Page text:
Above credit: Marcus Lyon (Politics 1987)
Rupa Ganguli (MSc Textile Management 2001) understands the complexities of launching a lifestyle business in line with your values – especially when it comes to sustainability. The international trade specialist helps connect artisans within an industry that often values production over people. As she said: “It should always be about the people.”
Rupa traces her passion for textiles back to her teenage years. As a 17-year-old economics student “full of curiosity” she chanced upon a busy Mumbai wholesale market brimming with colourful fabric and “a lot of people who knew what they were doing”. She managed to persuade a seller to help her purchase some leftover fabric, and with it she made her own outfit.
Rupa’s ingenuity grew into a contemporary fashion business, first selling to her friends and then later to the wider community. Rupa doesn’t recall India’s retail sector being large at the time and her fledgling business caught the eye of the local press.
“I had to get a bank account, which was a big deal back then,” said Rupa. Her entrepreneurship helped secure a postgraduate degree at India’s premier school for fashion technology (NIFT, New Delhi) and she went on to gain a scholarship to study textiles at Leeds where she developed her interest in international trade. “It opened up a world of opportunity for me,” said Rupa. “I could spend hours and hours in the textiles library.”
Though her days in the Mumbai markets are behind her, she’s grateful that the experience propelled a two-decade career in business and trade. Rupa’s career spans working as a trade specialist within the United Nations’ International Trade Centre in Geneva and the World Trade Organization.
With her global connections she founded the Inclusive Trade platform for artisans who enable positive change. By demystifying the supply chain, Rupa helps consumers make ethical choices by leading them straight to the source. “It’s about transparency and visibility – people have lost that connection with the maker,” said Rupa.
Whether the products are fashion, accessories, homeware, jewellery or even chocolates, Inclusive Trade makes it easier to share the stories of creators all over the world. “What’s more, the majority of these wonderful products are made by women, or the process is led by women,” she said.
Alongside supporting artisans, Rupa is passionate about encouraging consumers to buy responsibly. “We often say that the fashion industry isn’t responsible enough, or that government regulations aren’t strong enough in terms of ethical standards, or that the big brands and retailers push prices down,” she said. “However, a lot of that could be solved if we as consumers started making choices that meant we actually live an ethical lifestyle. Making small and meaningful choices will go a long way.”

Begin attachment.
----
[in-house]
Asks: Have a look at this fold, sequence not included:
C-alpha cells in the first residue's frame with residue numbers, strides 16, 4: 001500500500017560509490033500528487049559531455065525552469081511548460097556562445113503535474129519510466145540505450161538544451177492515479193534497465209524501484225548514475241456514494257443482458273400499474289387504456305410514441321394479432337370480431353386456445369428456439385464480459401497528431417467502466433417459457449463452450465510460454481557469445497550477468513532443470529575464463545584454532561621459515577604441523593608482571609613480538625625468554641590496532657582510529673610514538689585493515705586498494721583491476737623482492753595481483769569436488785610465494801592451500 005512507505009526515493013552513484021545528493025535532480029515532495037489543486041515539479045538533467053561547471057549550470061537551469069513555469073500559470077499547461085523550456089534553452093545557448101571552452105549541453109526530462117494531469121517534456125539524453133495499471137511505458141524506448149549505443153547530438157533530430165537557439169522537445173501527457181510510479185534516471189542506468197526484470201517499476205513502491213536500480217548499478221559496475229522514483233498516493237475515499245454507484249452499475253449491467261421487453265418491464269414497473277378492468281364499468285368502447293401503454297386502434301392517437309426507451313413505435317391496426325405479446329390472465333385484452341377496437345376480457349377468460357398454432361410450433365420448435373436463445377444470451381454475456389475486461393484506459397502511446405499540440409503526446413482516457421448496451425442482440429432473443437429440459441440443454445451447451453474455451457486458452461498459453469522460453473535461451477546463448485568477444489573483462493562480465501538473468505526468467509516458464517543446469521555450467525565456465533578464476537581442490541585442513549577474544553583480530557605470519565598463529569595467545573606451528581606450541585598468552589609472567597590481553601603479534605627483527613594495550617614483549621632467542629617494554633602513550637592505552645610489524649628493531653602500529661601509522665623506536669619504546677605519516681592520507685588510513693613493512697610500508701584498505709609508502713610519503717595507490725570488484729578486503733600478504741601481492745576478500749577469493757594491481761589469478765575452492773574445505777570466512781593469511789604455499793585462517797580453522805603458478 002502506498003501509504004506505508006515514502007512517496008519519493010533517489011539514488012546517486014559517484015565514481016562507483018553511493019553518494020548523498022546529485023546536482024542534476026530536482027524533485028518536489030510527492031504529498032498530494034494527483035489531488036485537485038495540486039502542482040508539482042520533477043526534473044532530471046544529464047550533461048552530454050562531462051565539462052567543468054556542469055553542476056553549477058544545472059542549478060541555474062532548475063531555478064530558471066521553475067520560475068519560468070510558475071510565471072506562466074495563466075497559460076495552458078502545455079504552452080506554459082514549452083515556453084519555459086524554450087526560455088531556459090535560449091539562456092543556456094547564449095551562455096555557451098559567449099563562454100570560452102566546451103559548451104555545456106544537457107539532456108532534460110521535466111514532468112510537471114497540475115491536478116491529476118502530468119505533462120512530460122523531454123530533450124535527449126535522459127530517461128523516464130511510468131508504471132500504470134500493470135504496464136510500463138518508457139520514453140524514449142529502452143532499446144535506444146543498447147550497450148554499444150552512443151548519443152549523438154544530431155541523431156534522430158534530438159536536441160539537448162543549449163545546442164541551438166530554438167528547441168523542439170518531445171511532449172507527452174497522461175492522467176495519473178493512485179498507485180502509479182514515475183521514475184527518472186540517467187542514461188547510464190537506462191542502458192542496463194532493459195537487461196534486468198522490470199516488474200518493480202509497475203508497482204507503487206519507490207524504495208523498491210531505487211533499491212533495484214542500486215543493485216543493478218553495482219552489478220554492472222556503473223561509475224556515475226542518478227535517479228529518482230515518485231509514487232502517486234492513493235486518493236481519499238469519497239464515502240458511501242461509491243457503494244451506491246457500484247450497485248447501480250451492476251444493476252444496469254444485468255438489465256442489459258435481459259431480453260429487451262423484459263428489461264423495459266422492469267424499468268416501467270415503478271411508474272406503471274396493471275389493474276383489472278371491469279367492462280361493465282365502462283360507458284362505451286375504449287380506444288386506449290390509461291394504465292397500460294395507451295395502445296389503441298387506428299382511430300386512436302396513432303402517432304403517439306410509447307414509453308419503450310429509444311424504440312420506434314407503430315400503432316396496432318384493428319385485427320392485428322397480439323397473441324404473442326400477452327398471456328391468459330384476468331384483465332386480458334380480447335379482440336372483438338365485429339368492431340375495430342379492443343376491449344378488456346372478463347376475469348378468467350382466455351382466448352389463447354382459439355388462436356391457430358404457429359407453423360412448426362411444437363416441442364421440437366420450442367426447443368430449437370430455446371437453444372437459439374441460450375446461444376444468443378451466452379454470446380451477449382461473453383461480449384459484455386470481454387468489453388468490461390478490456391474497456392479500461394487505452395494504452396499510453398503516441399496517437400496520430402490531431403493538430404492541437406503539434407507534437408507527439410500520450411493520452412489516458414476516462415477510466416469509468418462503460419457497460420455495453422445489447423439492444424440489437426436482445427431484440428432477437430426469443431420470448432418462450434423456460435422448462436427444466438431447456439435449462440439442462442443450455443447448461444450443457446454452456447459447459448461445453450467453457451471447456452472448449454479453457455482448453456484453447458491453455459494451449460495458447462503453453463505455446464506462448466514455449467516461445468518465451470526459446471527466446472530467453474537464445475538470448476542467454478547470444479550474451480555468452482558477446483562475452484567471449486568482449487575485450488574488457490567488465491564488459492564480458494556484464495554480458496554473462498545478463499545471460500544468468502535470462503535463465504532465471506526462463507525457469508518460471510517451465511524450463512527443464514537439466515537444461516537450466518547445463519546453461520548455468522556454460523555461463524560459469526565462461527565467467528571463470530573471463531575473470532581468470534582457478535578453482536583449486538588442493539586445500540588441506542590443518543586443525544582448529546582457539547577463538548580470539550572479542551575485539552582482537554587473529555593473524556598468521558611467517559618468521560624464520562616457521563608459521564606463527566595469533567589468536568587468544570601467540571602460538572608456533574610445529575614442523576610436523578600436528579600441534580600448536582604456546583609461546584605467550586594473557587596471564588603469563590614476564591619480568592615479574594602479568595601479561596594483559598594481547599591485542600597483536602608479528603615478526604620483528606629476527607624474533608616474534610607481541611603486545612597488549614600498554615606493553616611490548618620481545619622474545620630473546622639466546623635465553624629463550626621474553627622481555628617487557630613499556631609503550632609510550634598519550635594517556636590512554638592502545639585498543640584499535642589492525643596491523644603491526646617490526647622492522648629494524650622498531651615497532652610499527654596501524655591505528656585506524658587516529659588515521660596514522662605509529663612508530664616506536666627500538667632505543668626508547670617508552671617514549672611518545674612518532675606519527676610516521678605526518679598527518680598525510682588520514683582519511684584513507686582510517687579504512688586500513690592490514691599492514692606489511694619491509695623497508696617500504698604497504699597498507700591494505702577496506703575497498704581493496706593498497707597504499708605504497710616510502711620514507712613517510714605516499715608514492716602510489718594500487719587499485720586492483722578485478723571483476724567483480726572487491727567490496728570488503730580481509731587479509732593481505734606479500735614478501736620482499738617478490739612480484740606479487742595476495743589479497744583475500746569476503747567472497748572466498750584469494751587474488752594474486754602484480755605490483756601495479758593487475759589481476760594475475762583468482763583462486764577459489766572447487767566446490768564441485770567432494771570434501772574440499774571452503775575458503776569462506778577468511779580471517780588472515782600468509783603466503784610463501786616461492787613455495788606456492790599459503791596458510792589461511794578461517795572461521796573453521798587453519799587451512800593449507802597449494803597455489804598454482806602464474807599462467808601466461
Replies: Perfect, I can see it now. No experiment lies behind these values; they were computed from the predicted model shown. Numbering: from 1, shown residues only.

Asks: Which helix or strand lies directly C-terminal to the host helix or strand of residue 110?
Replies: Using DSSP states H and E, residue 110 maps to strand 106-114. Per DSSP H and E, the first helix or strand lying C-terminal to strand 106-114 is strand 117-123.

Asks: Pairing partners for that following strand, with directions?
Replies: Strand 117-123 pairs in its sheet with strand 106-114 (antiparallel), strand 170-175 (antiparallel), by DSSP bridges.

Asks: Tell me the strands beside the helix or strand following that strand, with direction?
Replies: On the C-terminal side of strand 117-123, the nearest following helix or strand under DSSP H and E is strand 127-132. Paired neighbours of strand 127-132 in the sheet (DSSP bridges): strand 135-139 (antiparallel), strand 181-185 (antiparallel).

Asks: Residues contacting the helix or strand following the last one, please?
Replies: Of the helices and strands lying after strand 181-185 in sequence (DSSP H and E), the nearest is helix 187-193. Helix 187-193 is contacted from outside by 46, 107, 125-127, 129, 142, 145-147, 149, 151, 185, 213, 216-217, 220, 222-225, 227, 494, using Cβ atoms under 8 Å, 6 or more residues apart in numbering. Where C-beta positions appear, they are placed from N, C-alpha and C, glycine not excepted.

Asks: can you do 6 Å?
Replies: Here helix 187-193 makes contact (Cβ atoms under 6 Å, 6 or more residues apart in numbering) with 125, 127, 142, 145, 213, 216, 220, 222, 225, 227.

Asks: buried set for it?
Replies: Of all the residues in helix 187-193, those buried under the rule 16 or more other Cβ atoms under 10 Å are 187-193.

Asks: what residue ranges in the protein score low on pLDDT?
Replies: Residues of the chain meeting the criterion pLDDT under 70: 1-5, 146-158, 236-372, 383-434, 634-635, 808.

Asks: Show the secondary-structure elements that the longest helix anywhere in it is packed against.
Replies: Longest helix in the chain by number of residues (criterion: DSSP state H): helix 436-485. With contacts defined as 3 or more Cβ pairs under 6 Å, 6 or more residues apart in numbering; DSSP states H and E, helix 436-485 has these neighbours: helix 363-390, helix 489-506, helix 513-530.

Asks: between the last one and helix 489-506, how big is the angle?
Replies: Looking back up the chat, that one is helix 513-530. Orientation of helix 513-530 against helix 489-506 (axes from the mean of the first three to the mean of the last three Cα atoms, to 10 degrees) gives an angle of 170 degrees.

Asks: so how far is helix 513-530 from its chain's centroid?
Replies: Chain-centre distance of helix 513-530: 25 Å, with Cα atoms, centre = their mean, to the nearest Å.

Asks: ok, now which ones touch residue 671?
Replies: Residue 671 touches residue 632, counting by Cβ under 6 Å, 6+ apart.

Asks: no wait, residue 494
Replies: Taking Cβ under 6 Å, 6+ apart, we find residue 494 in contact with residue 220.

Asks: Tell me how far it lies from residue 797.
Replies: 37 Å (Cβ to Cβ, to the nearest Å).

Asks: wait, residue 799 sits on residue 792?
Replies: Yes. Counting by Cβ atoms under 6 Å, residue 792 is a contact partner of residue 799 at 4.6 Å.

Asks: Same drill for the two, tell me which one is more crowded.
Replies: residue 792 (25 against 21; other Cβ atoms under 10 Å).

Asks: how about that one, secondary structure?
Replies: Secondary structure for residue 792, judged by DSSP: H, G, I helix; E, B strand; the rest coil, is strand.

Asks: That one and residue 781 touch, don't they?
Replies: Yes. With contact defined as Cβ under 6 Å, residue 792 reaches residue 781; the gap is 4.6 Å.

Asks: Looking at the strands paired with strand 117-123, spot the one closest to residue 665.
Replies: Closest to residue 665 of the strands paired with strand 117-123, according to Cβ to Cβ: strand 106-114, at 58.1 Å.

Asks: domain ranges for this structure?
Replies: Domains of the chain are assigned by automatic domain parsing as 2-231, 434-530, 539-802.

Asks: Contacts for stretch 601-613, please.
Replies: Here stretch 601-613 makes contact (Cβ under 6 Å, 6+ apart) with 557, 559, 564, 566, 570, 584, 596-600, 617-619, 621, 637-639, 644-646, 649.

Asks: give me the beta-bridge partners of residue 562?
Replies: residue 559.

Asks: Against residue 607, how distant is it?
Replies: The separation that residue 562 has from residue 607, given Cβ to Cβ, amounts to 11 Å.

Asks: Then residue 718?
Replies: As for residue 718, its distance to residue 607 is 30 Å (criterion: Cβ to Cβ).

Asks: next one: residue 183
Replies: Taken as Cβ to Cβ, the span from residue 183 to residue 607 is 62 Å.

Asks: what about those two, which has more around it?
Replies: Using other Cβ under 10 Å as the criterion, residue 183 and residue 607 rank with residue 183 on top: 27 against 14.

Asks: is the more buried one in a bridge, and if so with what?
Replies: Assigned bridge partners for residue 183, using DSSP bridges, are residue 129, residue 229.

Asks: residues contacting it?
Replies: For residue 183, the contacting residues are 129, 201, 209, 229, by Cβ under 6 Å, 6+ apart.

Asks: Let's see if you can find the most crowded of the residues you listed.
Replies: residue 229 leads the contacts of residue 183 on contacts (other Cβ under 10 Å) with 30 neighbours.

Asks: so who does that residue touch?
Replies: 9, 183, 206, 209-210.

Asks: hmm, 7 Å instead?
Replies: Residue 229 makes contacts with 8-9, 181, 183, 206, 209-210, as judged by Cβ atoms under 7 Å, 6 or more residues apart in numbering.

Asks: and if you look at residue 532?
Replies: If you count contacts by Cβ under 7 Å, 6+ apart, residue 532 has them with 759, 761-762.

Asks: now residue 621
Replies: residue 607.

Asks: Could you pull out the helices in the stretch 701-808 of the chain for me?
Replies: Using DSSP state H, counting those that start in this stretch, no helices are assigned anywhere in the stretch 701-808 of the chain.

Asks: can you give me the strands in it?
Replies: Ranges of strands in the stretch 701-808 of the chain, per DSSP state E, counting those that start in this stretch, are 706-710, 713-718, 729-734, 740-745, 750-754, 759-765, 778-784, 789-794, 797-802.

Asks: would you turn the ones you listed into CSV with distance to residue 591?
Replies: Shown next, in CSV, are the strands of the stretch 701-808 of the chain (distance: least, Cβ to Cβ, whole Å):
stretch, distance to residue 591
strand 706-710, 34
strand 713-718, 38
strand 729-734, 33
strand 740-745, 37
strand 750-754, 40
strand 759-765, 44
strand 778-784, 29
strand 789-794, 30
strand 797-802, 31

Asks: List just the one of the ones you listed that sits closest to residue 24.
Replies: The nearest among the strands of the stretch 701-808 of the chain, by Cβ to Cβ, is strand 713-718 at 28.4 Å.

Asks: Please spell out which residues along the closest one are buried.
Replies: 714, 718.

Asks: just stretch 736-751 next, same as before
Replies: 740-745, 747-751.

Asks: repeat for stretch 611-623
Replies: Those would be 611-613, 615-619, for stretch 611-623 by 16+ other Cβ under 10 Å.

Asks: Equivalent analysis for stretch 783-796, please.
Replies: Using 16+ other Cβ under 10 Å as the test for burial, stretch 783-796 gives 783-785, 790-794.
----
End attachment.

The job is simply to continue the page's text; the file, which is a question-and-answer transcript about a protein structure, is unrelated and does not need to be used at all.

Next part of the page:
L’Oréal Blackett (Broadcast Journalism 2010) is a freelance writer, presenter and former magazine editor from Manchester.
1) Price really is an indicator.
While not every £30 cotton T-shirt is sustainable, a £5 cotton T-shirt definitely isn’t. Everyone in the supply chain should make a living wage. This costs the consumer more in the long run but the price is fair.
2) Beware ‘designed in’ labels.
There is a difference between a label that says where a garment is designed (‘designed in’) and where it is actually manufactured (‘made in’). Not all manufacturers are transparent about how and where their items are made, and in Europe ‘made in’ labels are not mandatory.
3) Check for facts.
Just because it’s made in the UK or the EU doesn’t always mean it is ethical and safe. Look beyond marketing and check for facts.
4) Look for other certification.
Admittedly this is a minefield, yet look for certifications such as Global Organic Textile Standard (GOTS), OEKO-TEX, Global Recycle Standard (GRS) or Fairtrade.
5) If there’s no background information, don’t buy it.
There may be a reason why the manufacturer isn’t telling you about the source.
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